Description:

TECHNICAL FIELD

The present disclosure relates generally to communication networks, and, more particularly, to detecting grey-hole attacks in computer networks, such as low power and lossy networks (LLNs).

BACKGROUND

Mesh networks may become a target for a variety of malicious attacks. The first and possibly most important step in defending against a malicious attack is detecting that such an attack has been launched against the network. A “grey-hole attack,” in particular, is an attack by a malicious node where the malicious node (MN) discards either some or all of the packets that it was asked to forward by neighboring nodes rather than forwarding them to their intended destination (e.g., to a root node, head-end, application end-point, etc.). This issue is even more problematic when combined with attacks on control protocols. For example, the MN could manage to attack the routing protocol, advertise good paths, and attract additional traffic. The MN may determine which packets it should drop either by examining the content of the packets and discarding specific packets, or, in case the packets are end-to-end encrypted, the ML may randomly select packets and discard them.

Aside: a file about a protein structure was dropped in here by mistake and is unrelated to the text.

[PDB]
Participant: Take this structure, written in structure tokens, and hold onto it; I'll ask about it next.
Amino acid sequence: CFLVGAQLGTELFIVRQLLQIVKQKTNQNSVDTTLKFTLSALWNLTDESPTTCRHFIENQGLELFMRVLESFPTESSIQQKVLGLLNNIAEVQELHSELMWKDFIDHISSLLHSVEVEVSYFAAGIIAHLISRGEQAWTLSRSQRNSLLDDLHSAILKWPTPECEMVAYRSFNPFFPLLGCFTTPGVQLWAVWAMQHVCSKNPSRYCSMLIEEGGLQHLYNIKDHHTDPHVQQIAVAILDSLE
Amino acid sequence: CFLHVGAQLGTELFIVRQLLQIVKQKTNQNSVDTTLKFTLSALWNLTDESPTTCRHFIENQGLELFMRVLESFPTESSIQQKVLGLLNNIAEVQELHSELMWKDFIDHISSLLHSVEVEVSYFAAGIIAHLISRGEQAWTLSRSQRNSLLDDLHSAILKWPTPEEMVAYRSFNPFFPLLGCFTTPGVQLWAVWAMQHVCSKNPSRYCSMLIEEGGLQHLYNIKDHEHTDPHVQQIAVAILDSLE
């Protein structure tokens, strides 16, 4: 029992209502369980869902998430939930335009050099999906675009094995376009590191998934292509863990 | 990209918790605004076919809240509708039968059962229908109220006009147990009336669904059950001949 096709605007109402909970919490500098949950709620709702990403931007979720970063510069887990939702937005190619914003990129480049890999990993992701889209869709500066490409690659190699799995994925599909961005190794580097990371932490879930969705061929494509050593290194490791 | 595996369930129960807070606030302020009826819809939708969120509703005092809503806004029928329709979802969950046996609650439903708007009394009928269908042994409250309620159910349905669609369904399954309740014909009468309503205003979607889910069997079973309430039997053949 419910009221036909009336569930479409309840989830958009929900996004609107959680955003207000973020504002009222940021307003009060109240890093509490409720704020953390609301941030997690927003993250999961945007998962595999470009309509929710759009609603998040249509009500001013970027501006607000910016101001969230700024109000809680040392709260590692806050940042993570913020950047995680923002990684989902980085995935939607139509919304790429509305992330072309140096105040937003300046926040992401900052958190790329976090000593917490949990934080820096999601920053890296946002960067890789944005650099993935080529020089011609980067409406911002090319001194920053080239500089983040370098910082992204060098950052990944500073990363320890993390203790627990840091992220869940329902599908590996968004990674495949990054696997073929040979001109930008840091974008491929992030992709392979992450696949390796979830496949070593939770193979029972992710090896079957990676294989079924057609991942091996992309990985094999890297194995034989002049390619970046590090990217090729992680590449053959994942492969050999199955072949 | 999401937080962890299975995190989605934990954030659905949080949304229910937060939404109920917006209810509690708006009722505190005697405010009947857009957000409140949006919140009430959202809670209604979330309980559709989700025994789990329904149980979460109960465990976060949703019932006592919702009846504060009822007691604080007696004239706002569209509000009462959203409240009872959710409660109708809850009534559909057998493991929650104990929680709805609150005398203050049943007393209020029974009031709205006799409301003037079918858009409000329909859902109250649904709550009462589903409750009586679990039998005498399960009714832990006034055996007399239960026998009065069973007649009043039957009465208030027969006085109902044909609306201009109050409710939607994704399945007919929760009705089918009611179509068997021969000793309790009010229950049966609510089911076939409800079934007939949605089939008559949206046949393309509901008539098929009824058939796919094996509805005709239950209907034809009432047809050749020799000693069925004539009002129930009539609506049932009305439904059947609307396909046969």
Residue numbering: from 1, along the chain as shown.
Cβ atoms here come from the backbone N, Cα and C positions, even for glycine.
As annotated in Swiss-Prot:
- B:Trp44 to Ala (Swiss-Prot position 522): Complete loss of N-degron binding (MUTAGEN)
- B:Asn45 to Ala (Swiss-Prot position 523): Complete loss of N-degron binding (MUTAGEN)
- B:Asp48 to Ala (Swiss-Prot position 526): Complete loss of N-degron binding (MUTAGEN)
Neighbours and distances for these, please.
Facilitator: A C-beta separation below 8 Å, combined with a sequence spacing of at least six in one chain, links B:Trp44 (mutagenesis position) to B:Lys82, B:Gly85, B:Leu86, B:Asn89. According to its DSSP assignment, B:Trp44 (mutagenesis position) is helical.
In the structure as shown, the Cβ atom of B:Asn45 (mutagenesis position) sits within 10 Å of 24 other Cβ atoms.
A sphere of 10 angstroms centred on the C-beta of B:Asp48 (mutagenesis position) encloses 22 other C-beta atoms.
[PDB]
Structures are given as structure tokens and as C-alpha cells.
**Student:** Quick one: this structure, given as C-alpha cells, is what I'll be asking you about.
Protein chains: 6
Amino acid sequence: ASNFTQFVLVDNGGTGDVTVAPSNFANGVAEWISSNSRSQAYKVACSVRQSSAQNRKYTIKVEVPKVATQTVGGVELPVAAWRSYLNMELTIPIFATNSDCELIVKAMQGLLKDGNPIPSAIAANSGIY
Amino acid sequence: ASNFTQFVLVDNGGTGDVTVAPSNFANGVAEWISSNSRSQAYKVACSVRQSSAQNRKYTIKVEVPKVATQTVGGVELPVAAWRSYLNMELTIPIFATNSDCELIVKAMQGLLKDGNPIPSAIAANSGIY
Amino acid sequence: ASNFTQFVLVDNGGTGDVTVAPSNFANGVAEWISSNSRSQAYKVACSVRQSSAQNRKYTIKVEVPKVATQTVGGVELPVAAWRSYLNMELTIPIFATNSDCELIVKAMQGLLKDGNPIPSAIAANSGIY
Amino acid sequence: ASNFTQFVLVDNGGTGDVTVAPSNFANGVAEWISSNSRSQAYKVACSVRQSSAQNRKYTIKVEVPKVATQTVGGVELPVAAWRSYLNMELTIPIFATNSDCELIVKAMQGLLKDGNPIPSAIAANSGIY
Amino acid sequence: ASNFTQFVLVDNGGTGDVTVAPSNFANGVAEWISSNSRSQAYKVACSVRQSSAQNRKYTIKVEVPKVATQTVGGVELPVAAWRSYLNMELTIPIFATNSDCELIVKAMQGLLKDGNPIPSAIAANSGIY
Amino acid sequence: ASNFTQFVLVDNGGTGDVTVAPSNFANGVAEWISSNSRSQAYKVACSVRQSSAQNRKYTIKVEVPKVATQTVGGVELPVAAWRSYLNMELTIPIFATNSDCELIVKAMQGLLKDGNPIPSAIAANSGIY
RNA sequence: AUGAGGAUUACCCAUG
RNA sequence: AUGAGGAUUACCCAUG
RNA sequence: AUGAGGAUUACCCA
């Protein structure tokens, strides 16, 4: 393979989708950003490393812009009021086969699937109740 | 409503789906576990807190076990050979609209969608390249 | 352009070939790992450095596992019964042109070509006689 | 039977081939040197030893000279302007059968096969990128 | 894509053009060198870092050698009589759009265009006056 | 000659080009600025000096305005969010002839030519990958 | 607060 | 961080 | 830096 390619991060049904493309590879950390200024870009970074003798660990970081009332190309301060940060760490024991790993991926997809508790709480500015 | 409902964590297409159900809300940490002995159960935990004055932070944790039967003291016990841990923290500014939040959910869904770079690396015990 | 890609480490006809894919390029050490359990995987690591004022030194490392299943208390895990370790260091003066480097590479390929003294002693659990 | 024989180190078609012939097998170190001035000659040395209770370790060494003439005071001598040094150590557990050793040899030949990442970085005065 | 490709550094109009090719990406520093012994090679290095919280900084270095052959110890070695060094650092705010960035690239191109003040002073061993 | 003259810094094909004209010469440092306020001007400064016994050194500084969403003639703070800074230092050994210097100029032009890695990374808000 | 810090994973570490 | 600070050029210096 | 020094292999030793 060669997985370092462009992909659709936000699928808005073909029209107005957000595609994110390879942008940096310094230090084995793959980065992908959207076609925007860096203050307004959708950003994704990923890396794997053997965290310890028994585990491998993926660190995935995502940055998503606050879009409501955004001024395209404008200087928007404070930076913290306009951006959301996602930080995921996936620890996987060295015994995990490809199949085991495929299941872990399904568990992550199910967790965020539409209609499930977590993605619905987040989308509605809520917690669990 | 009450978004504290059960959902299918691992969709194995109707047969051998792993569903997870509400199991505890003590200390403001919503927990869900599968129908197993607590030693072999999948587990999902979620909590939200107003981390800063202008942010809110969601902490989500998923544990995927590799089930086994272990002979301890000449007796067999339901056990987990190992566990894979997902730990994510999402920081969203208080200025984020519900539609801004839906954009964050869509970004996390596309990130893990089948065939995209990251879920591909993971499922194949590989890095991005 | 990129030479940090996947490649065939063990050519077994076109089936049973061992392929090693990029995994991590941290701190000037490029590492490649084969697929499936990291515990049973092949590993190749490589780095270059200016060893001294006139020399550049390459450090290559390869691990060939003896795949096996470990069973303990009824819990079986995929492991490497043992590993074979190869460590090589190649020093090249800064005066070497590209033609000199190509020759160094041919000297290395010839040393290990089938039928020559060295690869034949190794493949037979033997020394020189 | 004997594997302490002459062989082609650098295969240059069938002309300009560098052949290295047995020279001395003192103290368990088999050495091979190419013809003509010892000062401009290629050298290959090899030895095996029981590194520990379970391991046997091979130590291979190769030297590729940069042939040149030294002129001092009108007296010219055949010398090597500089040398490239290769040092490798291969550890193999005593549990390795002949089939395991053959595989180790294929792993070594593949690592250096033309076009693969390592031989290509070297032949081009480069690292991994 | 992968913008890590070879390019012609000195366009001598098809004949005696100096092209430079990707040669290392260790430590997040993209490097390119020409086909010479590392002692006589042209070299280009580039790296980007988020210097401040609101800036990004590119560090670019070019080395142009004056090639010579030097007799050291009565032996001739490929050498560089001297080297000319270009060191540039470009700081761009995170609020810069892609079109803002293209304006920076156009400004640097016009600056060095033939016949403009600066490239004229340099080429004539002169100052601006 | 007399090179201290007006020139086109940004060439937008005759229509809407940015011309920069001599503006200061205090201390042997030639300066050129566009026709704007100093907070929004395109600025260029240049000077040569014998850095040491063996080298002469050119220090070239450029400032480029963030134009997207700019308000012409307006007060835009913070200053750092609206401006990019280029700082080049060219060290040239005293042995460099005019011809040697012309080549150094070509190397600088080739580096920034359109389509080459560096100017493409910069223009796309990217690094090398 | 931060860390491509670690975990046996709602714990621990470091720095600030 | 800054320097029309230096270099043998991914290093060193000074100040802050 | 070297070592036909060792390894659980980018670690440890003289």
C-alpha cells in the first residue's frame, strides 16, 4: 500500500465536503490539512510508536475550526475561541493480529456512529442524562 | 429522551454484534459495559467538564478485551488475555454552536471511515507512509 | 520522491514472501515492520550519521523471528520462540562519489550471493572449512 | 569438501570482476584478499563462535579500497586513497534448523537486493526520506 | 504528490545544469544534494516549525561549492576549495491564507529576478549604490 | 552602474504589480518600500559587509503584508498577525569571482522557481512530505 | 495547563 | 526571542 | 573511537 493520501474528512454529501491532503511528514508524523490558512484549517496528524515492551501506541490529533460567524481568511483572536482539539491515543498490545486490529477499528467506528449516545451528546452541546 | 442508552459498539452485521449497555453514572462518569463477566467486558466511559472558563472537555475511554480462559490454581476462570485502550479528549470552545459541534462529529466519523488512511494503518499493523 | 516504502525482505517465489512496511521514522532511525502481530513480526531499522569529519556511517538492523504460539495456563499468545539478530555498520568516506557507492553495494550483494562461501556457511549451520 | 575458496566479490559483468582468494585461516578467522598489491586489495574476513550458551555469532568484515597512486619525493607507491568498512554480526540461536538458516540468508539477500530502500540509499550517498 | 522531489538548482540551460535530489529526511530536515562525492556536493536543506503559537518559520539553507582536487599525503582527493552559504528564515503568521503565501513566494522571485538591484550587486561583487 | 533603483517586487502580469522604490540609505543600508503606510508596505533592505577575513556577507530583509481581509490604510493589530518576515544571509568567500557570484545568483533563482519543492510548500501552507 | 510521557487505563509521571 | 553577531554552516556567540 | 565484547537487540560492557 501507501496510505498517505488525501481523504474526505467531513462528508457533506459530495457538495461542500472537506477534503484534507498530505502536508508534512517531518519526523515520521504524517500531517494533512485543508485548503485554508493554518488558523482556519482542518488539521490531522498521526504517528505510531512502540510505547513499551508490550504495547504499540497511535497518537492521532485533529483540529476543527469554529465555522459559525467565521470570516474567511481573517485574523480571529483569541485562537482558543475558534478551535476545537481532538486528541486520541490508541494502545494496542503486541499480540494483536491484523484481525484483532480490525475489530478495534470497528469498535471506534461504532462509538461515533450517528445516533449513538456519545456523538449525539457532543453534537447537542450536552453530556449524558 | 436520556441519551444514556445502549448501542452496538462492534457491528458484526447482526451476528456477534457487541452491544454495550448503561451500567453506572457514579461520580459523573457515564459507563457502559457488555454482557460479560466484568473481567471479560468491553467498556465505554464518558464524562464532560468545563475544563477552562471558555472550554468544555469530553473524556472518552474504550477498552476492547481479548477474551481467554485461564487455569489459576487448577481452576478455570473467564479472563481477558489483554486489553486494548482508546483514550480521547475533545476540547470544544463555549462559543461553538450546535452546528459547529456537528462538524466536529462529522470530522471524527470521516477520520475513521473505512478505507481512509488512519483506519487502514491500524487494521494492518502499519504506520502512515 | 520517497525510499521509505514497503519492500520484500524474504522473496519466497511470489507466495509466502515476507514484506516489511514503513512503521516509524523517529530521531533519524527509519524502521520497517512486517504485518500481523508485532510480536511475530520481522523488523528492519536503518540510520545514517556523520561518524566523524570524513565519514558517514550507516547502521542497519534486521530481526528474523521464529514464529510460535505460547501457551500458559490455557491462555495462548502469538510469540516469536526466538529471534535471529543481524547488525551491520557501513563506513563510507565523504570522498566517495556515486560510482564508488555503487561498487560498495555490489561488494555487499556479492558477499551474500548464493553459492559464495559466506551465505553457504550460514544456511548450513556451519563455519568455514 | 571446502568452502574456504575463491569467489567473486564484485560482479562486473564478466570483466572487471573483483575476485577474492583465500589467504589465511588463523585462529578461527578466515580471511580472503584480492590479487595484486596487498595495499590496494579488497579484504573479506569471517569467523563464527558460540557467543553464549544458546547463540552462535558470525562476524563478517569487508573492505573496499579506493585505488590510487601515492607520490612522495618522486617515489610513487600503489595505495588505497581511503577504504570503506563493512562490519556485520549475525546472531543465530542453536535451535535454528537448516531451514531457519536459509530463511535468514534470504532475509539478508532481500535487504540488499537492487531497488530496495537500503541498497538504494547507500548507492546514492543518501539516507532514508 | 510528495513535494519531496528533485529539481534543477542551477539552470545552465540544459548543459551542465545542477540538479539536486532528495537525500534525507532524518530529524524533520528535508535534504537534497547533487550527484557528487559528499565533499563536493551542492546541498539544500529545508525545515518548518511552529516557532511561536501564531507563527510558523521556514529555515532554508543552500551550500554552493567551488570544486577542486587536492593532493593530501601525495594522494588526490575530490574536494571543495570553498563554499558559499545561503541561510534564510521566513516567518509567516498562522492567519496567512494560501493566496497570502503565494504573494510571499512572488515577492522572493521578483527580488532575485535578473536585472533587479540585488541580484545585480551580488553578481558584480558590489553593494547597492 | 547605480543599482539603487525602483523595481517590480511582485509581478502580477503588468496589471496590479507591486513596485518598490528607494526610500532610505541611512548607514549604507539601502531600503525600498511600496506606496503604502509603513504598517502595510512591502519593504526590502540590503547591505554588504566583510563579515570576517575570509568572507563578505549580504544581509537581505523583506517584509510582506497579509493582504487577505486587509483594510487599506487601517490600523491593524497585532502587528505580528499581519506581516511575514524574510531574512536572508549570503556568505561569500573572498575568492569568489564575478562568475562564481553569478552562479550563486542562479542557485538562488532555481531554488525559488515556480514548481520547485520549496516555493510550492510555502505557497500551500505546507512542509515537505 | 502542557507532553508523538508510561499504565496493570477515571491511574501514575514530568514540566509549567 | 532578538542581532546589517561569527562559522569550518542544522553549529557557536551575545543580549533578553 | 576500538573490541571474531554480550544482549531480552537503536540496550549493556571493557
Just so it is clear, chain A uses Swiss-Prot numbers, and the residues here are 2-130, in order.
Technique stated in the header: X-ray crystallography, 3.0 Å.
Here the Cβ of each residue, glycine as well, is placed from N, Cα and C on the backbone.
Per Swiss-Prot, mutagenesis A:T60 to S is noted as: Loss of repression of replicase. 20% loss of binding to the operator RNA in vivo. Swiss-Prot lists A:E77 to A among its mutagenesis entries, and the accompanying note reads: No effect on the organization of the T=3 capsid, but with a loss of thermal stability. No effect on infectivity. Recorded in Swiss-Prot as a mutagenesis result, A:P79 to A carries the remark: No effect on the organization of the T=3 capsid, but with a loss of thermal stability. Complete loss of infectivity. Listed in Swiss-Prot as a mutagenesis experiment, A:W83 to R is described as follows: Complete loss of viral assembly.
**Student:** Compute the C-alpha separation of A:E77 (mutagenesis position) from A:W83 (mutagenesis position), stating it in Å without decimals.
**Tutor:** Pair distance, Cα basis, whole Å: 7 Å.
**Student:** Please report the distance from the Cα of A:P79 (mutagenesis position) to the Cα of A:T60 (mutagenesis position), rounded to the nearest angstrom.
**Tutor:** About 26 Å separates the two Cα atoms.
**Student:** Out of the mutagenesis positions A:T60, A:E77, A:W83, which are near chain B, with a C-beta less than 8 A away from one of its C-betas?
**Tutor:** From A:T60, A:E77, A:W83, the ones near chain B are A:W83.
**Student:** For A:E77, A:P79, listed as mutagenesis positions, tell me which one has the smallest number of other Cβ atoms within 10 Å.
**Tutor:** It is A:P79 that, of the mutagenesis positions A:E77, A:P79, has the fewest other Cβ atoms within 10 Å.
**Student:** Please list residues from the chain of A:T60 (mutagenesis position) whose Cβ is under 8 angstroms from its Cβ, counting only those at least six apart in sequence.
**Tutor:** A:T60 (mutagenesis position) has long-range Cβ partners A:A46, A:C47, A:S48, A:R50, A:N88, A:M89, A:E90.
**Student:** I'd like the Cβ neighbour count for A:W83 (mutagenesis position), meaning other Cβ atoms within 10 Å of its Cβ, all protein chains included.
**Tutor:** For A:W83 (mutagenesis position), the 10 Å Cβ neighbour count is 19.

The head-end could mitigate this attack by signing and potentially encrypting each one of the acknowledgment (ACK) messages it sends to the originating node. However, in Low power and Lossy Networks (LLNs) that employ low power processors, the overhead of encrypting and decrypting each message may be prohibitive. In particular, LLNs (e.g., sensor networks) have a myriad of applications, such as Smart Grid and Smart Cities, though various challenges are presented with LLNs, such as lossy links, low bandwidth, battery operation, low memory and/or processing capability, etc.

BRIEF DESCRIPTION OF THE DRAWINGS

The embodiments herein may be better understood by referring to the following description in conjunction with the accompanying drawings in which like reference numerals indicate identically or functionally similar elements, of which:

FIG. 1 illustrates an example communication network;

FIG. 2 illustrates an example network device/node;

FIGS. 3A-3C illustrate an example grey-hole attack in the network;

FIG. 4 illustrates examples of acknowledged packet identification lists;

FIG. 5 illustrates an comparison between the packet identification lists to cooperatively detect grey-holes;